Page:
Herman Cain has urged Americans to "do the math" on his 9-9-9 plan, a tax reform package which would replace the whole of the US tax code with all its convolutions and deductions, with a simple system of a 9% flat income tax, a 9% sales tax, and a 9% corporate tax. The math is pretty stark; by any reasonable measure, Cain's plan amounts to a significant tax INCREASE for the majority of Americans. Indeed, the bottom 80% of Americans would see their total tax burden go UP under Cain's plan.
Yet Cain's tax reform package still enjoys widespread support from the Republican rank and file.
These people are by no means rich. Most Republican voters fall, economically, into the same strata as most Democratic voters. The rural poor (who vote Republican) more or less balance out the urban poor (who vote Democratic) and the middle classes shake out fairly evenly too. That means that Republicans who support Cain's plan either haven't done the math (and probably don't care to) or support it despite its impact on their personal bottom line.
Much the same can be said of other flat tax proposals, the so-called Fair Tax (which has its own complications), and a host of others besides. What all of these proposals share, however, is the commonality of simplicity.
The US Tax Code is stupidly complicated.
Pages upon pages - tens of thousands of them - make up modern American tax law. Tax law is an entire sub-discipline of legal study in this country and accountants train and study for years to master the complexities of their end of the tax system. Americans spend upwards of 6 BILLION man-hours doing taxes every year and the tax preparation industry -- and yes, there is such an industry -- employs more than three MILLION people, just over 1% of the working population.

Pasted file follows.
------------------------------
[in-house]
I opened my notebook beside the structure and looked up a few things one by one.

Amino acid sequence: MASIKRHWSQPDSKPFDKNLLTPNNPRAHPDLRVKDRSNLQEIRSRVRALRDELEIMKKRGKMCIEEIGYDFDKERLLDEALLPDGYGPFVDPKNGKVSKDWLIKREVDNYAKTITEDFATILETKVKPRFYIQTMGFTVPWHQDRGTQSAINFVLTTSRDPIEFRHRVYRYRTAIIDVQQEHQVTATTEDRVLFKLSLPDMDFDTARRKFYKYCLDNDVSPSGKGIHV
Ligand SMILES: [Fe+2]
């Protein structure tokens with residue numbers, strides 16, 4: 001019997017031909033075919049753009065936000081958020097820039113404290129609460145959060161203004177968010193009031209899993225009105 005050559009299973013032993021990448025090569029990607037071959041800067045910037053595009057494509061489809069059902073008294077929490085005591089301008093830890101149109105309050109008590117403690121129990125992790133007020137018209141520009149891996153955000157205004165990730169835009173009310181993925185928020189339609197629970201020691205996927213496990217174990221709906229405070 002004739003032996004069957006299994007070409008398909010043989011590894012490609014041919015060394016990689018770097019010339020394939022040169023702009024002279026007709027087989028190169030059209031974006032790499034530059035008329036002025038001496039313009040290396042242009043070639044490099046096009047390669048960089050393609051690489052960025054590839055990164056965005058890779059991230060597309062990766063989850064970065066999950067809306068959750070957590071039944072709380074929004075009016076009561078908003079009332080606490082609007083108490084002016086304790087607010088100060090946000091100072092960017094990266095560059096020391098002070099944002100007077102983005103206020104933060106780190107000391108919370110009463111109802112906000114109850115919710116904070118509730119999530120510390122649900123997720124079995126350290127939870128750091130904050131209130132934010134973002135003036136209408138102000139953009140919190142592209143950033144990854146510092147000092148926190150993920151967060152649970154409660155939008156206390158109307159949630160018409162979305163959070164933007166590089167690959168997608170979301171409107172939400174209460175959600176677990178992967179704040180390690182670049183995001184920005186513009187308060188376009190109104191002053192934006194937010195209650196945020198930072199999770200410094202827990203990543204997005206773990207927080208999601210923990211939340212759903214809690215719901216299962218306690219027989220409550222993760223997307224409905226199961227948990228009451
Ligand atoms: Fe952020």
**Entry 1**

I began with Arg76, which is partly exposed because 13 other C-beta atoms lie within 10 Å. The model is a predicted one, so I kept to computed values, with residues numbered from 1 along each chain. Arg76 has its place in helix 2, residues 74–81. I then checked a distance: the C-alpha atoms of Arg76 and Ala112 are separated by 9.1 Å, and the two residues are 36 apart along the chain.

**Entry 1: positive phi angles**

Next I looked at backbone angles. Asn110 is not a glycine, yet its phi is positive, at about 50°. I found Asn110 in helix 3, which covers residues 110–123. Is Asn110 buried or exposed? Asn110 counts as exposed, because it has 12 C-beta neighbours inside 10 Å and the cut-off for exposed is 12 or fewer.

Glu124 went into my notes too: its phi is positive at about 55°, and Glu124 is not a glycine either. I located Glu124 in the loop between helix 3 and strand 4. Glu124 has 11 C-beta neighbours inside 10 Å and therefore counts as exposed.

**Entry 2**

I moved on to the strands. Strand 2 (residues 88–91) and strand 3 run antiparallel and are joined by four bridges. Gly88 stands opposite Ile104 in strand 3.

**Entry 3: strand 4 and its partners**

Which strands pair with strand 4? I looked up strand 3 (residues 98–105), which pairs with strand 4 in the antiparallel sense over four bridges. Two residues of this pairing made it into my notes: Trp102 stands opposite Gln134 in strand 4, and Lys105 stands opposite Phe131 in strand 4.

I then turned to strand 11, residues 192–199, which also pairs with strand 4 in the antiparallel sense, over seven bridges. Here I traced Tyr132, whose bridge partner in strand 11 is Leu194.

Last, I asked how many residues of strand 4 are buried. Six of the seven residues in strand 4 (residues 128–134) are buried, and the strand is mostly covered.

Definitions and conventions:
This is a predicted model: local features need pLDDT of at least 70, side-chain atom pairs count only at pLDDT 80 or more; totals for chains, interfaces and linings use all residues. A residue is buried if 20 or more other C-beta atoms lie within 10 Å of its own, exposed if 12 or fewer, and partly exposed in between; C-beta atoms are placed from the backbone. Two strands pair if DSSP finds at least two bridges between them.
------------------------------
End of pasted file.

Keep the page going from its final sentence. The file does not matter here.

Dismal employment market notwithstanding, that's too many people.
So it is no small wonder that Americans support tax reform. Not only are we frustrated by our taxes, we're unsure of what they are even supposed to be. Many Americans are rightfully suspicious that, buried within those reams of tax law is a provision or two that could save them a lot of money if they had the expertise to find it. That suspicion breeds resentment and that resentment leads many to support proposals which, while ultimately bad for them economically speaking, would at least make the whole sordid mess less complicated.
When business leaders make statements like the following there is a problem:
A 63-year-old attorney based in Lafayette, La., who asked not to be named, told ABCNews.com that she plans to cut back on her business to get her annual income under the quarter million mark should the Obama tax plan be passed by Congress and become law.
"We are going to try to figure out how to make our income $249,999.00," she said.
The tax debate in this country is steeped in ignorance and misinformation and fueled by frustration and resentment. While the Democrats can afford to embrace the status quo on many fronts, tax policy is not one of them. It is not enough for Obama to cling to the popularity of raising taxes on the wealthy; he must address the populist underpinnings of the tax reform movement or risk losing disillusioned voters to the understandably cynical notion that the wealthy can always exploit the complexity of the tax code to hide from higher taxes.